Things may be quiet in my blog, but I am knitting up a storm these days. That, and I've been spending a small fortune on new knitting books and spring mags. I love the warm weather, because short sleeves, no sleeves, scoop necks, crop tops, and loose gauges mean less yarn & knitting time. Still, I don't have anything to show for it yet, but after thumbing through hundreds of patterns by now, some have caught my eye.
The Regia rainbow socks are the perfect crew length now, but I'll keep knitting until the yarn's out, because that's the main reason I start from the toe. There may just be enough yarn for knee-socks for my 9-yr old, or pretty darn close. Two little balls can go a long way!
As if one pair weren't enough, I've started what I call my chocolate creams socks. Yes, you CAN make brown with Kool-Aid! Two-thirds of a skein of Knit Picks Dye-Your-Own sock yarn took 10 packs of lemon-lime and 2 packs of cherry. On the stove, I kept adding the powder while the stock was hot, so it absorbed unevenly, but I do like that mottled hand-dyed look. For the watermelon & lemon-lime stripes, 1 pack each, I mixed the dye into cool water, dipped the the yarn, THEN heated it to almost simmering, and dye absorbs much more evenly that way.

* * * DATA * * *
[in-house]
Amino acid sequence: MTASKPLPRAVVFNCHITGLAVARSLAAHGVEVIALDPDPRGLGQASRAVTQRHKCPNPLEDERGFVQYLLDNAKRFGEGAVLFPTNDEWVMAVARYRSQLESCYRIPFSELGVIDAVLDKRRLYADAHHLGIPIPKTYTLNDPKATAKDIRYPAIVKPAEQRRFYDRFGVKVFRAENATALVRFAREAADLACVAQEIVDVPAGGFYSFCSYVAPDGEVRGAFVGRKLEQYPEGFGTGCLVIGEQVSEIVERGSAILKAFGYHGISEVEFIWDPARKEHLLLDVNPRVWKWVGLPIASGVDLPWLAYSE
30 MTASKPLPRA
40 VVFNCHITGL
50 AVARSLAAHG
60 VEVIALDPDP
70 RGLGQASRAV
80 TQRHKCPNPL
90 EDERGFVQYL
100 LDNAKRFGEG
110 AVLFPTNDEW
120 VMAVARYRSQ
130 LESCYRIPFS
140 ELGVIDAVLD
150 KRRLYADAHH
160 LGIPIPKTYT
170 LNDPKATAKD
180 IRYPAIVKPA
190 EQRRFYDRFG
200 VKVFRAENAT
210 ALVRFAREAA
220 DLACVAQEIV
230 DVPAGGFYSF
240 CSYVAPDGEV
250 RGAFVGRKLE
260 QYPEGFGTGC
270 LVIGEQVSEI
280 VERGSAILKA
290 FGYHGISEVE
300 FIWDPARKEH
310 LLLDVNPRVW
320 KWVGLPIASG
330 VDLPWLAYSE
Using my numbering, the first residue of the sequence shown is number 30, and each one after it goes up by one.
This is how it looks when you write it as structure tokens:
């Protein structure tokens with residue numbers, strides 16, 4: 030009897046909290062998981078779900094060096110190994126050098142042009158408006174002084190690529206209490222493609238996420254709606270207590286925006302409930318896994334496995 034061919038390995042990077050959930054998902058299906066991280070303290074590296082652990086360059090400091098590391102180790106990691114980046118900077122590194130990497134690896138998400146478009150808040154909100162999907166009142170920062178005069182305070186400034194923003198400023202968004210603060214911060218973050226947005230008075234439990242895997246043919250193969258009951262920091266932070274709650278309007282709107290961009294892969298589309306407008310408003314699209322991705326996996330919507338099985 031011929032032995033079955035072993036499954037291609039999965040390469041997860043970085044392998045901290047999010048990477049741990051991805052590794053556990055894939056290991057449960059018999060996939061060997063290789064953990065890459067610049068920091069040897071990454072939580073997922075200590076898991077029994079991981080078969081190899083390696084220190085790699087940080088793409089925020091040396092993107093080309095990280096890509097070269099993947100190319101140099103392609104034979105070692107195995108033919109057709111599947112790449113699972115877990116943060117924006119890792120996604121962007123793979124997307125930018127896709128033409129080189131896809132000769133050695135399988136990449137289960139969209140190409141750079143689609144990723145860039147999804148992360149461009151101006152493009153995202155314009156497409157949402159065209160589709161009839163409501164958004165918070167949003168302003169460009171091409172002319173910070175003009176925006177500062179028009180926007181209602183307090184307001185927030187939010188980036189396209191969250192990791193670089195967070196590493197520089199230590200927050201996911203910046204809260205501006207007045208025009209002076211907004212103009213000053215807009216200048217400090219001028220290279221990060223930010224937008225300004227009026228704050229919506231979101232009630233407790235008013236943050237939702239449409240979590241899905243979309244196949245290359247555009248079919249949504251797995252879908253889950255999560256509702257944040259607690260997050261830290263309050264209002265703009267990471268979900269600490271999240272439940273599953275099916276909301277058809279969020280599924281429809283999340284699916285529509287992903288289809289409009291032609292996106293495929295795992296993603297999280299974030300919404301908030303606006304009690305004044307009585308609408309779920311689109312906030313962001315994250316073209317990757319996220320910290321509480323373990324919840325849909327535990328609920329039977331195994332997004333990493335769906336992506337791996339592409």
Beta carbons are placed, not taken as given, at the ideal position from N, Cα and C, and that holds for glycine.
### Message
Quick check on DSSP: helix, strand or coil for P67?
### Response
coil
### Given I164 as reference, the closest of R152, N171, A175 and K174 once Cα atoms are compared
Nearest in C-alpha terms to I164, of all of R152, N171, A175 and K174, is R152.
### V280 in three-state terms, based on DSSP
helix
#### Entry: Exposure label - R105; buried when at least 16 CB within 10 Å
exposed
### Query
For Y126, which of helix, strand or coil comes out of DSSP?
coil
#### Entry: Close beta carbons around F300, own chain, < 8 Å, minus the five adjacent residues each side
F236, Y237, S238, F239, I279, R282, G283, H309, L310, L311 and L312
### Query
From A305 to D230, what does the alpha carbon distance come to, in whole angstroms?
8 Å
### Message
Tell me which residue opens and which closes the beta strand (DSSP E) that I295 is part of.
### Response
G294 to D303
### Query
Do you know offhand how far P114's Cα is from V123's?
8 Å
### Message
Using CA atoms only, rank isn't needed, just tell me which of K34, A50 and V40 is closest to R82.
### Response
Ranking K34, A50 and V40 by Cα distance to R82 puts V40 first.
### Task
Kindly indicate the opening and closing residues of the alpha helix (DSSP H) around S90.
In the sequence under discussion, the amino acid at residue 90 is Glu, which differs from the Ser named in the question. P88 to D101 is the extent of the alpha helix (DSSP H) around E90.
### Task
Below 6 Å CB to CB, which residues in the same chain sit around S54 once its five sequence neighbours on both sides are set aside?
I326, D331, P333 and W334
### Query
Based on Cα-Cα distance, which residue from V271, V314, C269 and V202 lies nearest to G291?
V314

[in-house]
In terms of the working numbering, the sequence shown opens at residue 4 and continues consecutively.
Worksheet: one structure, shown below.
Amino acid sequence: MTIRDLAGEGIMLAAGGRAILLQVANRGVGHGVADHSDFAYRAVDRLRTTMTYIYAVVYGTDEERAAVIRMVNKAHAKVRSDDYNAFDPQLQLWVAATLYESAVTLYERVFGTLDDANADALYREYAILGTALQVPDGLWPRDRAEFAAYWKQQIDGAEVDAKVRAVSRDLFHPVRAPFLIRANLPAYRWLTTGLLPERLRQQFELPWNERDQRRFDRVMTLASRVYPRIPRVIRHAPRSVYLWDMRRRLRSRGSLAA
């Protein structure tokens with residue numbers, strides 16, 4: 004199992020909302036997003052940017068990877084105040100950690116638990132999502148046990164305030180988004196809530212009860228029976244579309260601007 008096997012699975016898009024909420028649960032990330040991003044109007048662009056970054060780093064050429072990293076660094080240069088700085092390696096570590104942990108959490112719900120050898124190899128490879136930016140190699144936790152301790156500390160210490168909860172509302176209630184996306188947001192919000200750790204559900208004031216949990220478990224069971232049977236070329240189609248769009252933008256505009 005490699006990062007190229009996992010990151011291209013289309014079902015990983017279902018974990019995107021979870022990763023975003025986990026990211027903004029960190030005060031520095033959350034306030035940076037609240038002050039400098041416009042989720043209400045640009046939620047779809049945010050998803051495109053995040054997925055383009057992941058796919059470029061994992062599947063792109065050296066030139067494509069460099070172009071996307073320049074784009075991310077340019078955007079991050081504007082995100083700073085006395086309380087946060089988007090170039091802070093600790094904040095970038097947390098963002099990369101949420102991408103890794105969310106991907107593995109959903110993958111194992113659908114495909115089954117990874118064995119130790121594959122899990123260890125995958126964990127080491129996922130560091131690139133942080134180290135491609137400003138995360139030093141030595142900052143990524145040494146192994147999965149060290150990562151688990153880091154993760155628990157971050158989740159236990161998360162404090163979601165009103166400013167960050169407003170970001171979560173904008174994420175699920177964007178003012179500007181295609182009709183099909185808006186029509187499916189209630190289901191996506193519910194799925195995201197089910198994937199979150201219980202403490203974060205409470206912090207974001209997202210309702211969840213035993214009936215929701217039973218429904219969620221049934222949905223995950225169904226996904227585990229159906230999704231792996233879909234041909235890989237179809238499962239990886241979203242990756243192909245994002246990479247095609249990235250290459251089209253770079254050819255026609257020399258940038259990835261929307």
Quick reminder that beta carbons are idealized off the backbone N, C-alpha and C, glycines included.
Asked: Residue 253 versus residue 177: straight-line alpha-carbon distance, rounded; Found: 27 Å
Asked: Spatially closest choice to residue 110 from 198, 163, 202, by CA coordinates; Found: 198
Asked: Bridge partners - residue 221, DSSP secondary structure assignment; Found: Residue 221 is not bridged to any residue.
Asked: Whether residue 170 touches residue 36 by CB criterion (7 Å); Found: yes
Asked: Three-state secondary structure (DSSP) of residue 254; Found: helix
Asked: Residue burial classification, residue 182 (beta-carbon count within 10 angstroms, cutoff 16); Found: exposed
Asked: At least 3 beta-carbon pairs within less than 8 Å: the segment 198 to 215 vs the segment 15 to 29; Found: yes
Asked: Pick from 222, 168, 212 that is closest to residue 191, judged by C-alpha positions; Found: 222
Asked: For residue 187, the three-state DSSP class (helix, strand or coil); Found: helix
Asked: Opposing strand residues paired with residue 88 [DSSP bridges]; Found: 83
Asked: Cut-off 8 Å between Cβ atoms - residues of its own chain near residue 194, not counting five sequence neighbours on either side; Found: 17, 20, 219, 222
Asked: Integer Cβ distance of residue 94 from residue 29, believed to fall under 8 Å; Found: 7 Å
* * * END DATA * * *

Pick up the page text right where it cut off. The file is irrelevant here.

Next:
To start, wind a huge hank on chairs spaced 18 feet apart. Loosely tie waste yarn all around so it doesn't get tangled, then tie the first 3 feet and last 3 feet tightly, and those ends get dipped in pink & green, and the middle 12 feet into brown.
This is my simple toe-up sock pattern on 2mm 100cm Addi Turbos. I actually thought I had invented this cast-on, until I got the Fall 05 Vogue and read Meg Swanson's turkish cast-on article.
CO 12 sts each needle, then use your favorite increase the begining & end of each needle (4 total each sock) EOR until it's as wide as your foot - I need 72 sts around. I like the peasant heel, where you knit in waste yarn to knit the heel later, so the stripe sequence isn't broken. Before too much of the yarn is knitted, I stop and knit with the yarn from the other end of the ball for the heel, then keep knitting the cuff till I run out of yarn. Brilliant!
I tried the Watermelon project in Yarns to Dye For, and though I got the color sequence off (the greens are backwards), it'll still knit up fresh and juicy. I opted to dot the seeds on later, so they'll be in perfect places. I'm thinking a Booga Bag might be just the thing for this yarn.
There's still more WIP's I haven't mentioned, but you can track their progress on the left sidebar. And with my fresh new copy of One Skein, I'm about to embark on my first experience with KidSilk Haze. Mmmmm....